Carbon fiber has unparalleled strength and lightness, but it is one of those sexy modern materials whose cost stymies its usefulness in architecture. That cost barrier could begin to disappear if architects become strategic in its use.
Anca Trandafirescu and her husband, Glenn Wilcox—both assistant professors of architecture at University of Michigan and principals of Area in Ann Arbor, Mich.—took this approach by developing carbon fiber architectural units that can be joined to form structural framing, scaffolding, and lightweight construction. They observe that, by weight, carbon fiber is 18 percent stronger than aluminum and 14 percent stronger than steel.
Standing 14 feet tall and 8 feet wide at the base, their C-Lith prototype is a semi-cylindrical, hollow structure composed of 143 interlocking carbon fiber modules that vary in shape and size. Each unit measures about 2 feet in its longest dimension and weighs about 3.5 ounces. “Lightness has been more of a technical question for Glenn,” Trandafirescu says, “but for me it is also a question of cheapness.”
To make C-Lith, the designers worked with spools of pre-preg, or carbon fiber filament pre-impregnated with epoxy resin to stay malleable and sticky until baked. However, pre-preg must be wrapped around something to give it form prior to curing. In lieu of the metal molds that other carbon fiber researchers have used, Wilcox and Trandafirescu opted for inexpensive cardboard molds. They derived the molds’ form, along with that of the C-Lith structure, from a packed tetrahedral base geometry. A computer script translated each four-sided tetrahedron into a four-pronged unit, which they cut and joined out of cardboard to make the molds.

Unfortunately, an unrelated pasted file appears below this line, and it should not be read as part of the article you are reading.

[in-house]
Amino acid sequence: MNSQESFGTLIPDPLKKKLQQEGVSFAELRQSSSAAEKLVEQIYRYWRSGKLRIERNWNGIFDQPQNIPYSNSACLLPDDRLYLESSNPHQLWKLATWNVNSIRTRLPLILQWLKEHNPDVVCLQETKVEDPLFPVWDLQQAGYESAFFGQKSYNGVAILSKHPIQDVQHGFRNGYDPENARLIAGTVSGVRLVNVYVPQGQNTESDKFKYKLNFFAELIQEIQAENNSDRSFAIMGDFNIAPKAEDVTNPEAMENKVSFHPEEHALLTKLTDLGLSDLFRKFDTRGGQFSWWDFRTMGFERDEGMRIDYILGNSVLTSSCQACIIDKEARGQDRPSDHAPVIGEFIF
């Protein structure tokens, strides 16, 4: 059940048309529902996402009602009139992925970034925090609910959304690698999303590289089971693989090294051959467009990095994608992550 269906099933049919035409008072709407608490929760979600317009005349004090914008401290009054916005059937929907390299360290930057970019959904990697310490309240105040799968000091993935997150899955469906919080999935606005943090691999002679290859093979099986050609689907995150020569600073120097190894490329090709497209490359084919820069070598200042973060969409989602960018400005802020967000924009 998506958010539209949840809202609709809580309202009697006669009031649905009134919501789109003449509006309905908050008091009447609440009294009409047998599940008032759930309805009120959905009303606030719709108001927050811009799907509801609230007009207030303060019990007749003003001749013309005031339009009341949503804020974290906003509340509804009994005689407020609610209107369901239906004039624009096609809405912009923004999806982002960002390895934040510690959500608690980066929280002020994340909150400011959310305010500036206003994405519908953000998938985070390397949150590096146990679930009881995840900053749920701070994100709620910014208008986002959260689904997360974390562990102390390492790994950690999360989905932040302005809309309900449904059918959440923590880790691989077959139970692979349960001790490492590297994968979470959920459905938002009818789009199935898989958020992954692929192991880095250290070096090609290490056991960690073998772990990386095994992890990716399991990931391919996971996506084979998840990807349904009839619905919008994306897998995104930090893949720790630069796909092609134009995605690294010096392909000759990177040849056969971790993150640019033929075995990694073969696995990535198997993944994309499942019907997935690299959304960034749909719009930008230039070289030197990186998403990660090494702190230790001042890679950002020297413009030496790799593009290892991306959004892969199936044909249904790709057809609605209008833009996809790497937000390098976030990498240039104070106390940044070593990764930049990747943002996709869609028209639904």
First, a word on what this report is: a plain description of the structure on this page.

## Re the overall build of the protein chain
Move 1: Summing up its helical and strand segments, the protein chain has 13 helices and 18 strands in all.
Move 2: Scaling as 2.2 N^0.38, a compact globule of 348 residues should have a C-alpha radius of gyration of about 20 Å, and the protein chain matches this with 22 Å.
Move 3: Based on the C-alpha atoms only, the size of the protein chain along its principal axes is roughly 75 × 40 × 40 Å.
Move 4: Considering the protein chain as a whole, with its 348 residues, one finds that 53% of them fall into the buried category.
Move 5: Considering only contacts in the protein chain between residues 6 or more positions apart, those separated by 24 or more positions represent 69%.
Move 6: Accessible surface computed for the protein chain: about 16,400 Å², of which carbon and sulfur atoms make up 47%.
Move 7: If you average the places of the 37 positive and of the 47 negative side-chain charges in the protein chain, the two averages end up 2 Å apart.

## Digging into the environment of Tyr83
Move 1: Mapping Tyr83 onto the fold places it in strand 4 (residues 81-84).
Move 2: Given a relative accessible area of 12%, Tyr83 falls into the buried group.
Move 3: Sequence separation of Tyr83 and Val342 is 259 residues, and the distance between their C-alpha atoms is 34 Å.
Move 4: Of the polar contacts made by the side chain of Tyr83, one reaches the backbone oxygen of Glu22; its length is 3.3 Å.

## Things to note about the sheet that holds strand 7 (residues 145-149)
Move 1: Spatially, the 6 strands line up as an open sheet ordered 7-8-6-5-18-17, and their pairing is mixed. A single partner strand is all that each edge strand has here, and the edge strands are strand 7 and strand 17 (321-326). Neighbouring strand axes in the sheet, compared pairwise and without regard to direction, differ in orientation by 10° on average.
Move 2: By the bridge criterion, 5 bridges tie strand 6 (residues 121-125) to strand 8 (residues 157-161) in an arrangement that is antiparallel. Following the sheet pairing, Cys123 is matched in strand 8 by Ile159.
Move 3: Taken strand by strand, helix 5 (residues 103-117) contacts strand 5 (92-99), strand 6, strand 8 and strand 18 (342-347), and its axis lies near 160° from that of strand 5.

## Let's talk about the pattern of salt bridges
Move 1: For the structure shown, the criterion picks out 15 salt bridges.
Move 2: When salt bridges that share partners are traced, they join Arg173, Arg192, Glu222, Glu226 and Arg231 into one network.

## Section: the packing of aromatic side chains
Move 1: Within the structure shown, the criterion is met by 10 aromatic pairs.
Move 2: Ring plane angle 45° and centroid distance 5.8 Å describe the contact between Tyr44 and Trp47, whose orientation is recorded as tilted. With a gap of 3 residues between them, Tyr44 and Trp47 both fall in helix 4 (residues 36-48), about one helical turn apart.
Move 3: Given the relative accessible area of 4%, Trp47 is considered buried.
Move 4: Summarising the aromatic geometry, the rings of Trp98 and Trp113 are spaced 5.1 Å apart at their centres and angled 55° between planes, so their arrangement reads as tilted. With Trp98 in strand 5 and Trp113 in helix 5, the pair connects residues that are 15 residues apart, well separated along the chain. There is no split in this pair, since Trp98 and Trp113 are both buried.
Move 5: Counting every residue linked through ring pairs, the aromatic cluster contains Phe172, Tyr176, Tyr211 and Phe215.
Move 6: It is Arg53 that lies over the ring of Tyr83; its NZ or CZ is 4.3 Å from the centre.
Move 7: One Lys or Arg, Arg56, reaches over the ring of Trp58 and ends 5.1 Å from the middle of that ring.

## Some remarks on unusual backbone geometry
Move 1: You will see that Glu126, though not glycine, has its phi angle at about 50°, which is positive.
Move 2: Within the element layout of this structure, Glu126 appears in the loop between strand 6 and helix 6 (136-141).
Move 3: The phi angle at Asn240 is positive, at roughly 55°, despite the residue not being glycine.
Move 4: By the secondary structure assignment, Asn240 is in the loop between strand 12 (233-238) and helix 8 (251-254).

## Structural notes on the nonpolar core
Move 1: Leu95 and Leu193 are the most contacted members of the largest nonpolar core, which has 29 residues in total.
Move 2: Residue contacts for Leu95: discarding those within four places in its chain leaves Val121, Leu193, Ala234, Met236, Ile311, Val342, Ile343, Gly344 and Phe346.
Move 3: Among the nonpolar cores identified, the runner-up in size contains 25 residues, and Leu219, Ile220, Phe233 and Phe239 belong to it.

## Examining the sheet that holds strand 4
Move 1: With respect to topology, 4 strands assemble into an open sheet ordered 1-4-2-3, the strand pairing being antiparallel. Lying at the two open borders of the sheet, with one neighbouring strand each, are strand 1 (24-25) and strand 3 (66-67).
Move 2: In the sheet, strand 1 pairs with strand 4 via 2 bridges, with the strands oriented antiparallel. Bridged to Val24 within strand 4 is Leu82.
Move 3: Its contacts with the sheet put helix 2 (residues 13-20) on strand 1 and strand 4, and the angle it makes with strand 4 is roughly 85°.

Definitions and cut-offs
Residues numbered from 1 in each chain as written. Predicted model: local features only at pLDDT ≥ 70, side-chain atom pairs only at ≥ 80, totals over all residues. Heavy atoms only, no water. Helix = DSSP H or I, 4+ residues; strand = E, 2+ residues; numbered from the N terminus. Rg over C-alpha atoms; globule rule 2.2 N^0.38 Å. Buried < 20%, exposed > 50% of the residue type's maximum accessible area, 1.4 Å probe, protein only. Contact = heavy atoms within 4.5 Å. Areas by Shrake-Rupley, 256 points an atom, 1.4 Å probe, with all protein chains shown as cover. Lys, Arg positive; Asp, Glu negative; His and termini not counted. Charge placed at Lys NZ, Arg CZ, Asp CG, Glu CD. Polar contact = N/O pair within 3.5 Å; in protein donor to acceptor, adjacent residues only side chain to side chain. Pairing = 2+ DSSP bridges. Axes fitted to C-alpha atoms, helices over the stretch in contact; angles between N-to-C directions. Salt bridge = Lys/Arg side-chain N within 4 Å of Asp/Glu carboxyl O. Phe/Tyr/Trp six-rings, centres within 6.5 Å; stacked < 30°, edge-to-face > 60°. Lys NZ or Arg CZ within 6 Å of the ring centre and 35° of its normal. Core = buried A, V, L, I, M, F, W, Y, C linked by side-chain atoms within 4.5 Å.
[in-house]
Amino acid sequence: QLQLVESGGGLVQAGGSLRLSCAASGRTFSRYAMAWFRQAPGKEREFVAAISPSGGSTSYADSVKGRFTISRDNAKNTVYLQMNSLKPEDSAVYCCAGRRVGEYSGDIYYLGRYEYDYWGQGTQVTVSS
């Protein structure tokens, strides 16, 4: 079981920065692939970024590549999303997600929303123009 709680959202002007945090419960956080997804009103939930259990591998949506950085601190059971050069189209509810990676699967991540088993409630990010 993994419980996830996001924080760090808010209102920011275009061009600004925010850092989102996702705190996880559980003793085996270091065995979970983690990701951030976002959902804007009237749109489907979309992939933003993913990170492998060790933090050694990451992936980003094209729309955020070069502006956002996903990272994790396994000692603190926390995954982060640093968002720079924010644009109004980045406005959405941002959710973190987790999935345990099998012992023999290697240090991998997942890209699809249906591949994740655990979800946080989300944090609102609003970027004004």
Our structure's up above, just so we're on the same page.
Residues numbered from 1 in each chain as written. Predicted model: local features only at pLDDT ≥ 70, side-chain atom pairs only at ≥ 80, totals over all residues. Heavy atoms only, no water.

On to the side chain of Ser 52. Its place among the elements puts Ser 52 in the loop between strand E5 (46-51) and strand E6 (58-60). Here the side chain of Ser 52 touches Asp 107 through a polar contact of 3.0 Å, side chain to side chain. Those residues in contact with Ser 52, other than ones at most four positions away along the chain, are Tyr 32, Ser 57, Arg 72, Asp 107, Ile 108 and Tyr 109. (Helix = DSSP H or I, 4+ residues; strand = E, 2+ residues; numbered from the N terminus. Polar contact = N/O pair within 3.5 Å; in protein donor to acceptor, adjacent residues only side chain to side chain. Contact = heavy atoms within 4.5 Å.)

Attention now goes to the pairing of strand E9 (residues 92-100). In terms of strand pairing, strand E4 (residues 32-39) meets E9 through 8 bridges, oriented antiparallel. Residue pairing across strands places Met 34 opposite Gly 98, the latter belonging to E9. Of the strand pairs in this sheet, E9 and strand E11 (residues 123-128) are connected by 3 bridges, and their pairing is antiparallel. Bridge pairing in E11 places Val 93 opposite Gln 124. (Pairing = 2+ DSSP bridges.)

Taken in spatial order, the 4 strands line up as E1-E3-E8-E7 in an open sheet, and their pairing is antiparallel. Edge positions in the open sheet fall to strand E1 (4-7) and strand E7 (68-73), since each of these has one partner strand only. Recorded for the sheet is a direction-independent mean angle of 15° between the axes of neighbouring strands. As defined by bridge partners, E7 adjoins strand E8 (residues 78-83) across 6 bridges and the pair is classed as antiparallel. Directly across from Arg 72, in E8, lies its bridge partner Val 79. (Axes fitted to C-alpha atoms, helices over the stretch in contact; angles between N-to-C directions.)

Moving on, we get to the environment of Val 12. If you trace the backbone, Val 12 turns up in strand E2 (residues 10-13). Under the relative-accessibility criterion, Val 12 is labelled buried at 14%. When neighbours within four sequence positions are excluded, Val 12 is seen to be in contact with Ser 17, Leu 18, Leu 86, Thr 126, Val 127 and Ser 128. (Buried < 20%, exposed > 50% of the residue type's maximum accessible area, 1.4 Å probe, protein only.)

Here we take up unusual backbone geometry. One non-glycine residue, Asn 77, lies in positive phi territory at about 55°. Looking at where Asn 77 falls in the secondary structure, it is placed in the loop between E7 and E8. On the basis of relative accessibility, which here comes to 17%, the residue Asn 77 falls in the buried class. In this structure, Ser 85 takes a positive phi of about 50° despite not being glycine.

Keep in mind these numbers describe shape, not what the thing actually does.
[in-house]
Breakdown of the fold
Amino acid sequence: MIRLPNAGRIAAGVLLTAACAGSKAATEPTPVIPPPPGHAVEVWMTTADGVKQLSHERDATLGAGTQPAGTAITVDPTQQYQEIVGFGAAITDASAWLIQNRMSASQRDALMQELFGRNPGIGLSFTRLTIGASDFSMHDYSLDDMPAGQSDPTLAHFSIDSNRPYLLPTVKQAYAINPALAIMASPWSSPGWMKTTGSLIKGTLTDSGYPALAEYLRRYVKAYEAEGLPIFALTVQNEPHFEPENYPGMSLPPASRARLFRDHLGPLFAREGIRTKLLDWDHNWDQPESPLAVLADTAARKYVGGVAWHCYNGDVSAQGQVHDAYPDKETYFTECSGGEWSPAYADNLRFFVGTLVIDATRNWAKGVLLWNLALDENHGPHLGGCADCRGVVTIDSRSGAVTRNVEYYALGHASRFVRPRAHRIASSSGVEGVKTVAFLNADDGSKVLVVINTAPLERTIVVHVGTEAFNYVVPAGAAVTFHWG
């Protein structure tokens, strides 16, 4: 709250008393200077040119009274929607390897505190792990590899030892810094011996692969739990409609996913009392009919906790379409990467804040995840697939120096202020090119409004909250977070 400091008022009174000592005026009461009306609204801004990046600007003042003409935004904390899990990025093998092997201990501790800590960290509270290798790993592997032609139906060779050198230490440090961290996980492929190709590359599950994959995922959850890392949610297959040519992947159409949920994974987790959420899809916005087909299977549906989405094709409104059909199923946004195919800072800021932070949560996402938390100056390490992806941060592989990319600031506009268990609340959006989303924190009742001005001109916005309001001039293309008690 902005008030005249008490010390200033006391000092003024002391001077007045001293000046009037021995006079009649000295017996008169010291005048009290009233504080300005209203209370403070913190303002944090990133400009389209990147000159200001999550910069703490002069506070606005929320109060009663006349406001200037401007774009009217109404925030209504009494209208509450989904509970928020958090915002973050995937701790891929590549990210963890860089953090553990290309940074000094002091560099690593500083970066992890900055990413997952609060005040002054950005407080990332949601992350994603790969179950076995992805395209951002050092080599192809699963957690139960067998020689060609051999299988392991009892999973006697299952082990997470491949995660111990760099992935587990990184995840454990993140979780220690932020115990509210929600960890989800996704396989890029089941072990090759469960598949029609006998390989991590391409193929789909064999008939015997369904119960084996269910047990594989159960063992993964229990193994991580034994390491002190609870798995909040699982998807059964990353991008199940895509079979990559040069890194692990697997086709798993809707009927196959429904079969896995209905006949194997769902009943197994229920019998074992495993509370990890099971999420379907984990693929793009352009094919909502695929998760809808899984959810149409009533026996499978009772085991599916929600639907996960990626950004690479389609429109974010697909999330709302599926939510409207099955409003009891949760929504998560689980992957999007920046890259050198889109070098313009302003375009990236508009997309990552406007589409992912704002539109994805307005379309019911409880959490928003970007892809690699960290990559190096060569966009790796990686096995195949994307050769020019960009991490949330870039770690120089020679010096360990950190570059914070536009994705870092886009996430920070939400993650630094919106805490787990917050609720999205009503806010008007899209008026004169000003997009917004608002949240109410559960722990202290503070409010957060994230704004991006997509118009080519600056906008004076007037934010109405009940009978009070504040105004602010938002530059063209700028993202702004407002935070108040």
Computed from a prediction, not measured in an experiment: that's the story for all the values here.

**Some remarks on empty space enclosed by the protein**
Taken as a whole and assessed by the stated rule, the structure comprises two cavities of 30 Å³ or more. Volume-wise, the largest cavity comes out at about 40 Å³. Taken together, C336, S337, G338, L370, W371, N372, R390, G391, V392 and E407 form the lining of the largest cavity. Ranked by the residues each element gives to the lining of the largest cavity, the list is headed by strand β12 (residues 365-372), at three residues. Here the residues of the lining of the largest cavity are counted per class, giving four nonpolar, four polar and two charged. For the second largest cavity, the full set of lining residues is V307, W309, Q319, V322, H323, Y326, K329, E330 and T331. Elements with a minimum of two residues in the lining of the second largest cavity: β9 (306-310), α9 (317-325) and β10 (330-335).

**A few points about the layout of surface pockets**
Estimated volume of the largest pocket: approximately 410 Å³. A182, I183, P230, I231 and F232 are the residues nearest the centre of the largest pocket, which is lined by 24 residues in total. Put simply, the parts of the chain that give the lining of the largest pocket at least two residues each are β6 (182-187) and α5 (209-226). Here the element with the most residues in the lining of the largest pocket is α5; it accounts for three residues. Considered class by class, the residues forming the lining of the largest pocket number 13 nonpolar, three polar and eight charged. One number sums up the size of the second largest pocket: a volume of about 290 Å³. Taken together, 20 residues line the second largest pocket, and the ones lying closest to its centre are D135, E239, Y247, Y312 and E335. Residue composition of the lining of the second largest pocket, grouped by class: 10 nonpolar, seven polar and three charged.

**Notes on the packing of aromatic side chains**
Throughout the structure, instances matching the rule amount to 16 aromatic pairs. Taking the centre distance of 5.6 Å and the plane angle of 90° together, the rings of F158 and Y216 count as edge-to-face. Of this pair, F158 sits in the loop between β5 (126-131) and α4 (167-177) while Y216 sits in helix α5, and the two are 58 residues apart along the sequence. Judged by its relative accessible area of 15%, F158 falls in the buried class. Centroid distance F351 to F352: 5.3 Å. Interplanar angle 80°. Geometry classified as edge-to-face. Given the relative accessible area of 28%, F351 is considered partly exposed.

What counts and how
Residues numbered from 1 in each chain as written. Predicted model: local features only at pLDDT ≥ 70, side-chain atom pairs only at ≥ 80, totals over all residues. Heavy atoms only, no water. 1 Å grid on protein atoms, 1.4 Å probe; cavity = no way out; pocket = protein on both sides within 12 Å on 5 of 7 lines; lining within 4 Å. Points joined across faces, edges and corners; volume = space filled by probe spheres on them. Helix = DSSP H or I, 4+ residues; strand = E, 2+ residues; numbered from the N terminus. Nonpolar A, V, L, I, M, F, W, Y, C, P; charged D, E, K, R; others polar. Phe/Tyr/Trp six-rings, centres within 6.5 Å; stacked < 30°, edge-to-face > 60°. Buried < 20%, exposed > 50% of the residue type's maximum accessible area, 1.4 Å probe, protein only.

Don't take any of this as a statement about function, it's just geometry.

Of course, the cardboard molds would ignite in a regular kiln, so Area built an elementary oven powered by 18 infrared heat lamps that max out at a relatively cool 260 F. After baking for four hours, the hardened carbon fiber pieces are soaked in water to remove the molds. Meanwhile, a parallel set of cardboard pieces are formed into a mock-up tower, or dummy jig. These are then swapped, one by one, for the carbon fiber components. Glued-on node plates and cotter pins connect the components, which can be quickly disassembled and reassembled.
The jurors were pleased by Area’s material exploration but wanted a greater sense of purpose and refinement. “This opens the possibility of what you can do with carbon fiber, but I don’t think it does anything more than be a sculpture right now,” juror Gerardo Salinas said. Juror Bill Kreysler said, “This technique, which is fundamentally sound and reliable and potentially economical, could evolve into things that become more complete. And less [visually] scary.” —Gideon Fink Shapiro